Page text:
Yield: About 54 cookies (you may get more or less, depending upon how big you make yours)

Source: Adapted from Serious Eats

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Friday, April 22, 2016

Skating Fridays

My Stretching Routine


One of my readers suggested that I share the exercises I use to stretch. I shamefully admit that I don't do any warmups prior to getting on the ice, but I do spend about 10 minutes on the ice doing various edge work around the rink before doing any elements. I can write about that in another post.

Today I'd like to explain how I usually like to stretch. I try to do this on a daily basis unless I am traveling or am just plain lazy. To make the time pass, I usually do these while I am watching television at night. I start with my lower back and legs and then move on to my spine.

1. Roll my lower back on the foam roller. I have this awesome foam roller that I got at Wal-Mart and find that it really helps my lower back (particularly on my landing side) feel better. It's like a deep tissue massage. I roll anywhere from 30 seconds to several minutes, depending on how sore my back is feeling. Sometimes I will do it multiple times a day if I'm in extra pain.

2. Sit and reach. I hold the pose for at least 30 seconds per side. It really stretches out my lower back as well. I also stick both legs out straight and hold that stretch for at least 20 seconds.

3. Crunches. I usually do anywhere from 100-500, depending on how tired I'm feeling that evening.
4. Front splits. I do both legs, holding each for at least 30 seconds. I used to be a gymnast so was previously pretty flexible (my right split has always been weaker). It took me about a year to get these back, and they're not all the way down on the ground yet.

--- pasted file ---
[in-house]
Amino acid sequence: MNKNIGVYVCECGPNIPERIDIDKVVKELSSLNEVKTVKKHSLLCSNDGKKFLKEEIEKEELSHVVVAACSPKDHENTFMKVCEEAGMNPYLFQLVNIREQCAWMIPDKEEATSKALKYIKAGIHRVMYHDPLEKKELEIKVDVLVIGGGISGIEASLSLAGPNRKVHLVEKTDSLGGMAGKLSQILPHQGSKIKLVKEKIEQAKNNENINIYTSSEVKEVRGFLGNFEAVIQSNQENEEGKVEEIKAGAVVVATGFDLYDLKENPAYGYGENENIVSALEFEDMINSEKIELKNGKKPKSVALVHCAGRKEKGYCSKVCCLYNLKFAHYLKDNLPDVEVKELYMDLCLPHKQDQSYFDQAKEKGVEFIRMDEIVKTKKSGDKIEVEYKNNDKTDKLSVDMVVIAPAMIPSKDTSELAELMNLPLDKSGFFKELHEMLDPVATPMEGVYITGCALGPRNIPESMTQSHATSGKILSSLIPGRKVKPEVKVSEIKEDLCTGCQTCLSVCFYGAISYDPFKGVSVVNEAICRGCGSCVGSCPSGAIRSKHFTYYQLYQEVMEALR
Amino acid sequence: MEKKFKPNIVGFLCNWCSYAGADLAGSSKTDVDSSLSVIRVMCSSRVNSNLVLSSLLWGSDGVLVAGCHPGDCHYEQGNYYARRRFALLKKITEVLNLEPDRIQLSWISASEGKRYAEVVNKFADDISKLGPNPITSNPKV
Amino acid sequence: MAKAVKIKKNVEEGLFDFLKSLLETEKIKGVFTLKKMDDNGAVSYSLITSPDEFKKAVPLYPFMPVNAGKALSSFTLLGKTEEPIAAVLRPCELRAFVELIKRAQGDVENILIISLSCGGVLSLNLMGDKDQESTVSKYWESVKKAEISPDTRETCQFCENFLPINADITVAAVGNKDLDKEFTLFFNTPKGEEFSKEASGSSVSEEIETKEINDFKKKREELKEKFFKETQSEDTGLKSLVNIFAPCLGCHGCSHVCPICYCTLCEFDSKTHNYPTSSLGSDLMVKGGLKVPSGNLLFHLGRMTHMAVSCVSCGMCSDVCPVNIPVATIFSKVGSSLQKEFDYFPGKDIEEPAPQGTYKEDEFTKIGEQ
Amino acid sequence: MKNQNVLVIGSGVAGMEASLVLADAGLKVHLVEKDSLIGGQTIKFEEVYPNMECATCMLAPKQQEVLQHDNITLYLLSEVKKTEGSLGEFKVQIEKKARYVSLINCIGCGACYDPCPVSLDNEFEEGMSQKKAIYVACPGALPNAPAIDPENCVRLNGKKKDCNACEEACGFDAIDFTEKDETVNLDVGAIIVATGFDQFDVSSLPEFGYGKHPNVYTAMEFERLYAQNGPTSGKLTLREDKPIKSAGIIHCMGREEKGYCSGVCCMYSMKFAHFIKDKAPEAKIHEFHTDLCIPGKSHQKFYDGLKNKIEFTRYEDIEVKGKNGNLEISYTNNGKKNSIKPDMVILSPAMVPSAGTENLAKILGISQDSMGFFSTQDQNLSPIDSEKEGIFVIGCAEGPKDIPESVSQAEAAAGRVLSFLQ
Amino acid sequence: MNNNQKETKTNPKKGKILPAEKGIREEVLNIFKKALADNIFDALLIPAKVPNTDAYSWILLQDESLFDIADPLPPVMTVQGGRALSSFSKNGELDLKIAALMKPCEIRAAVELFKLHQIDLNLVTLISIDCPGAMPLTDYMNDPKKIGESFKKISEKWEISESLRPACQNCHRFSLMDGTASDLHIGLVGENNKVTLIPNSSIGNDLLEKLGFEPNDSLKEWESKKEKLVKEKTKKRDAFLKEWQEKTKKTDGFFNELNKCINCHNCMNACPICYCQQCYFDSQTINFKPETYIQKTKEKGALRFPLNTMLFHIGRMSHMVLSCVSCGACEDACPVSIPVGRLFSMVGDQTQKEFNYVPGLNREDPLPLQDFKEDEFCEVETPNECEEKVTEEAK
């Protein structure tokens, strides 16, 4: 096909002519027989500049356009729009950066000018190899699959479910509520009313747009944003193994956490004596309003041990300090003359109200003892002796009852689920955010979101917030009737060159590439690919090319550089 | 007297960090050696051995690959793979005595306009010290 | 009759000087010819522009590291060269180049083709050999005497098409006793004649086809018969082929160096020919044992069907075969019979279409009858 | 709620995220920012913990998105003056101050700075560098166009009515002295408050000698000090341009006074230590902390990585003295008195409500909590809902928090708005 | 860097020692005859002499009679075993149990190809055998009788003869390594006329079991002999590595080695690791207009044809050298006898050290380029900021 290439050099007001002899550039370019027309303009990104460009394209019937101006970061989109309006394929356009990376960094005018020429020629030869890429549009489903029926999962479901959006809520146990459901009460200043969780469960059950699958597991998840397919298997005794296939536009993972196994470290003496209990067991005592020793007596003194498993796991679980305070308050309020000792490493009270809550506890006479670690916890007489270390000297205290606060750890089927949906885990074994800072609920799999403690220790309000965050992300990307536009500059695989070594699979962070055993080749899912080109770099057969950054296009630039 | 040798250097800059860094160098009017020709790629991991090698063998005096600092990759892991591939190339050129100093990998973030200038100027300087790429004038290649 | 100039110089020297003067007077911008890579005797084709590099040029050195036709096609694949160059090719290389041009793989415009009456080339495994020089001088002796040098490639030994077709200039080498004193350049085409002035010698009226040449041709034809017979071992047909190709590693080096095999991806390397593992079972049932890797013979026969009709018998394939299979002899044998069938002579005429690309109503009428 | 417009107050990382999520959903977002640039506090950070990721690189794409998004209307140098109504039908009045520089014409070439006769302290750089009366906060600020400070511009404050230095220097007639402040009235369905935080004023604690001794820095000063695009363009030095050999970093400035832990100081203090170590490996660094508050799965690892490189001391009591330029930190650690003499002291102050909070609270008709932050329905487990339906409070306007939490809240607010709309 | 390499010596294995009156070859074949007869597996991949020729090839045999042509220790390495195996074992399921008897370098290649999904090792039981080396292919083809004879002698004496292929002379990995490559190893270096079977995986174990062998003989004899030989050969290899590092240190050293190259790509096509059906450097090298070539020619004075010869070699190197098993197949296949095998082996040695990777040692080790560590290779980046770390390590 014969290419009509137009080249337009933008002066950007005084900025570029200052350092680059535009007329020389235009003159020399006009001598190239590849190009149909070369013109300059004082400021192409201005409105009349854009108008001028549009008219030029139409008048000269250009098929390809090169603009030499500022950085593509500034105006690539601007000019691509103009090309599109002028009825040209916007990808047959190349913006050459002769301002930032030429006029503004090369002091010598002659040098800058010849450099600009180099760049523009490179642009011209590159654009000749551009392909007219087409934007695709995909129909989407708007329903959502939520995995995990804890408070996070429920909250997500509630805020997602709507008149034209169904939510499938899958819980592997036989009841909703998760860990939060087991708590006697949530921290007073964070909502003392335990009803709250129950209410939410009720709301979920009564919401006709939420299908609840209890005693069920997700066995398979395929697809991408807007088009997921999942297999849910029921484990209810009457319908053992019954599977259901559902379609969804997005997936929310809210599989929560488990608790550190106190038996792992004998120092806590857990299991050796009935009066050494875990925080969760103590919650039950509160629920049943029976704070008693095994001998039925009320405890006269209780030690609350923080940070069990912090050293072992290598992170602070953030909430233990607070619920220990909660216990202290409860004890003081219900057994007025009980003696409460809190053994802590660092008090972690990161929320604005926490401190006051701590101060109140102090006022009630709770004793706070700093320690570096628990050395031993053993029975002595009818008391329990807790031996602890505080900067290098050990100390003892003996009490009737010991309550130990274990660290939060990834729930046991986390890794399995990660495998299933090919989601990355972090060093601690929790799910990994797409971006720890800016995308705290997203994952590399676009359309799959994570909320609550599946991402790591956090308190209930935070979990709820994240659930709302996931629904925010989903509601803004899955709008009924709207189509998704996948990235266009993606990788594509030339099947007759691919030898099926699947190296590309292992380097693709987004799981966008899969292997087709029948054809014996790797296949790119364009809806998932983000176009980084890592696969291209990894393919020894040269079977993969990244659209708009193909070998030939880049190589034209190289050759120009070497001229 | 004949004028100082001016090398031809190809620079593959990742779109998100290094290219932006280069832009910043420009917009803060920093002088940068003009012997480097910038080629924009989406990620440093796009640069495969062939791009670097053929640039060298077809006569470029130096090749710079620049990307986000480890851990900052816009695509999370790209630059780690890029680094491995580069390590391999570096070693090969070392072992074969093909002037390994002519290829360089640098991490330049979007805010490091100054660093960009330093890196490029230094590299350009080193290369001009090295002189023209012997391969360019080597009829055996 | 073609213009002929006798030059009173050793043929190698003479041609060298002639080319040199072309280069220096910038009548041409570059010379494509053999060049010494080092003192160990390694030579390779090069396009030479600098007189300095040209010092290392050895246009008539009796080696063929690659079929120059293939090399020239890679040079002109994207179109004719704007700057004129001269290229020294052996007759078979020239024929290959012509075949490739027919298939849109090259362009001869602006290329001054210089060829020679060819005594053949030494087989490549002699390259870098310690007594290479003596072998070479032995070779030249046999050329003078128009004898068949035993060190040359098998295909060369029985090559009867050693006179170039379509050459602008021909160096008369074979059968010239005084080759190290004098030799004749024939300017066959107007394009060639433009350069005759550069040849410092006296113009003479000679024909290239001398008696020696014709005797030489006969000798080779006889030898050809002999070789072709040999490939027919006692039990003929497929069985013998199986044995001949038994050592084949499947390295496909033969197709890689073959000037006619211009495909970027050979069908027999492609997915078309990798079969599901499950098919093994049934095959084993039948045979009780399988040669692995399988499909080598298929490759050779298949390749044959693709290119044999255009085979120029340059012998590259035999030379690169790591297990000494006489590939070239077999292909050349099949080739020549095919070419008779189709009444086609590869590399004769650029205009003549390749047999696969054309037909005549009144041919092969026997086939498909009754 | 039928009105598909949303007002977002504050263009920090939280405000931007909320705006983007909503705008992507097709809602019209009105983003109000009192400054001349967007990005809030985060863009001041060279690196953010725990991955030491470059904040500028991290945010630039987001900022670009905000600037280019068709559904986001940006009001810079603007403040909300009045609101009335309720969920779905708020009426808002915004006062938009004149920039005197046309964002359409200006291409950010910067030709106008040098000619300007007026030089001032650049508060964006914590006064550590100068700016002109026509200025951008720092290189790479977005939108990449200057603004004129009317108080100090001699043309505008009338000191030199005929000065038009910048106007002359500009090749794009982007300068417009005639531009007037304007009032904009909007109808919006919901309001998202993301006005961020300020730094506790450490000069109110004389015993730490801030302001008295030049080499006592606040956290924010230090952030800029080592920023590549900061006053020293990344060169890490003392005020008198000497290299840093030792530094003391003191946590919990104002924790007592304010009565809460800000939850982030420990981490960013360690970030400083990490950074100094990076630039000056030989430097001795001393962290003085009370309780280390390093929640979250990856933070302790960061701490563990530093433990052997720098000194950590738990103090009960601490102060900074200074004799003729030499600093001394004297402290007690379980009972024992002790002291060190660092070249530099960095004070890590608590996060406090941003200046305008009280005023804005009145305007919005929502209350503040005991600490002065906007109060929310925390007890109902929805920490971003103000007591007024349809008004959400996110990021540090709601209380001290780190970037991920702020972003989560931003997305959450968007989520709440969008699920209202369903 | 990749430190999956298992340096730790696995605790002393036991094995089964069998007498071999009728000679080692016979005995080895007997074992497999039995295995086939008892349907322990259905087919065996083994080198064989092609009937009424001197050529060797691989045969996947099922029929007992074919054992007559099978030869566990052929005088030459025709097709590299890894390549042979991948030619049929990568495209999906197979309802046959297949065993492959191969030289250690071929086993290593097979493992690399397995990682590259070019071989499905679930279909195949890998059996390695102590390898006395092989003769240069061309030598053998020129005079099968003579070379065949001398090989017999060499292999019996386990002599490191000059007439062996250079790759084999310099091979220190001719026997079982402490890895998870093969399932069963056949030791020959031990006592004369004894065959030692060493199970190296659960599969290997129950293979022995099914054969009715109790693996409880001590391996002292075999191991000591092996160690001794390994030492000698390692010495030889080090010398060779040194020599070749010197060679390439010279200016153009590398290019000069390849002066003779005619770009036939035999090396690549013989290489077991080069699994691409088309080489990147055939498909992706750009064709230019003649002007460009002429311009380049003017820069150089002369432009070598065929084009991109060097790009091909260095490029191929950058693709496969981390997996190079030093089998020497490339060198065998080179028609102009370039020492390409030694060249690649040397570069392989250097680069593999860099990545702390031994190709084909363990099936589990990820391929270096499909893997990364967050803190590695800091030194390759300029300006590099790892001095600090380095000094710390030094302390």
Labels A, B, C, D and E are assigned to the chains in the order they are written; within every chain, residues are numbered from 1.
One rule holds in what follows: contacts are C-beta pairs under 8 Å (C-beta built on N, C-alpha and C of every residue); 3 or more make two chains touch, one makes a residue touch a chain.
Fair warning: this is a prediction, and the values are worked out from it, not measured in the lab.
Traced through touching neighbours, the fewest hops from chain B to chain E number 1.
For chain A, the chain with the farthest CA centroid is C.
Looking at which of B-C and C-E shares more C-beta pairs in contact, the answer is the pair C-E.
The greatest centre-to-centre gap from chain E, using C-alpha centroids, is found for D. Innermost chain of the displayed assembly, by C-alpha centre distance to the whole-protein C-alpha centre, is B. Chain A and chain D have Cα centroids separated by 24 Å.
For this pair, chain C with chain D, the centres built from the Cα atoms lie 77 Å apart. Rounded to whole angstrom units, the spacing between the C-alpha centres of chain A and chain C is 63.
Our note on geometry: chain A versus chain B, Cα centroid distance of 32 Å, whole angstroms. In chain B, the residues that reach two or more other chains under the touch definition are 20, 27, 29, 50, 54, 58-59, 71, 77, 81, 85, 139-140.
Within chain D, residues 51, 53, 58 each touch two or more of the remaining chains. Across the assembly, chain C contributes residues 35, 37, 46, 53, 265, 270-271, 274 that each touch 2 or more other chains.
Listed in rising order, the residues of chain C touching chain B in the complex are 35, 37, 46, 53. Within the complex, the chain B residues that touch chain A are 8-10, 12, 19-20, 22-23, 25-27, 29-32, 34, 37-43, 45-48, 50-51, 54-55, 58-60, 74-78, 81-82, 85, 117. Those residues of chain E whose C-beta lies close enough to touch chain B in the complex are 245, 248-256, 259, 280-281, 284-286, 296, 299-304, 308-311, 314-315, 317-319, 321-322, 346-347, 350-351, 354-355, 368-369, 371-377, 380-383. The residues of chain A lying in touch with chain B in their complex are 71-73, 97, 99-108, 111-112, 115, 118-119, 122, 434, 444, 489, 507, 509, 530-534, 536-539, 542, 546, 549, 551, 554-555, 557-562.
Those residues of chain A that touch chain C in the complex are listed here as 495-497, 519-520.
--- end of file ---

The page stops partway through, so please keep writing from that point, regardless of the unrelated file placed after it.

5. Center split. This one is going to take a while to get back. I currently look something like this:
My goal is to eventually end up in a full split position, but I know it will be a long journey. After holding that stretch for about 30 seconds, I sit down and hold this stretch, except with my arms behind me. I hold that for about 30 seconds and then scoot my booty forward another inch if I can.

6. Camel stretch. I try to keep my lower body upright as much as possible and then lean back like this. I can't quite grab my feet yet. I hold this for about 30 seconds.

7. Downward dog. Since that camel stretch is a bit uncomfortable right now, I go straight into downward dog to help alleviate my lower back. Ahhh, much better.



8. Exercise ball bridge stretches. Finally, I get out my exercise ball and lie on back for about a minute. Then I put my arms on the floor and get into a bridge position. I lift my belly button towards the ceiling (lifting my back off the exercise ball completely) and hold the bridge for a count of 10. Repeat at least 3 times.





If my back is tight after the bridge exercises, then I go back into downward dog or the foam roller.

Hope that this post was helpful!

Disclaimer: I do not own the rights to any of these images. They are copyright of their respective owners.



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Wednesday, April 20, 2016

Cinnamon raisin bread

A super soft, fluffy and perfectly swirly cinnamon raisin bread from scratch! The recipe makes two loaves, so you can share one or freeze it for another day!
Cinnamon raisin is one of my favorite breakfast flavor combos. I was the self-proclaimed cinnamon raisin bagel queen in high school and college and would never try any other flavors. Every loaf of bread I bought had to be cinnamon raisin . As time went on, I cut back on my bagel and bread consumption so cinnamon raisin has not been on my mind lately. Until now.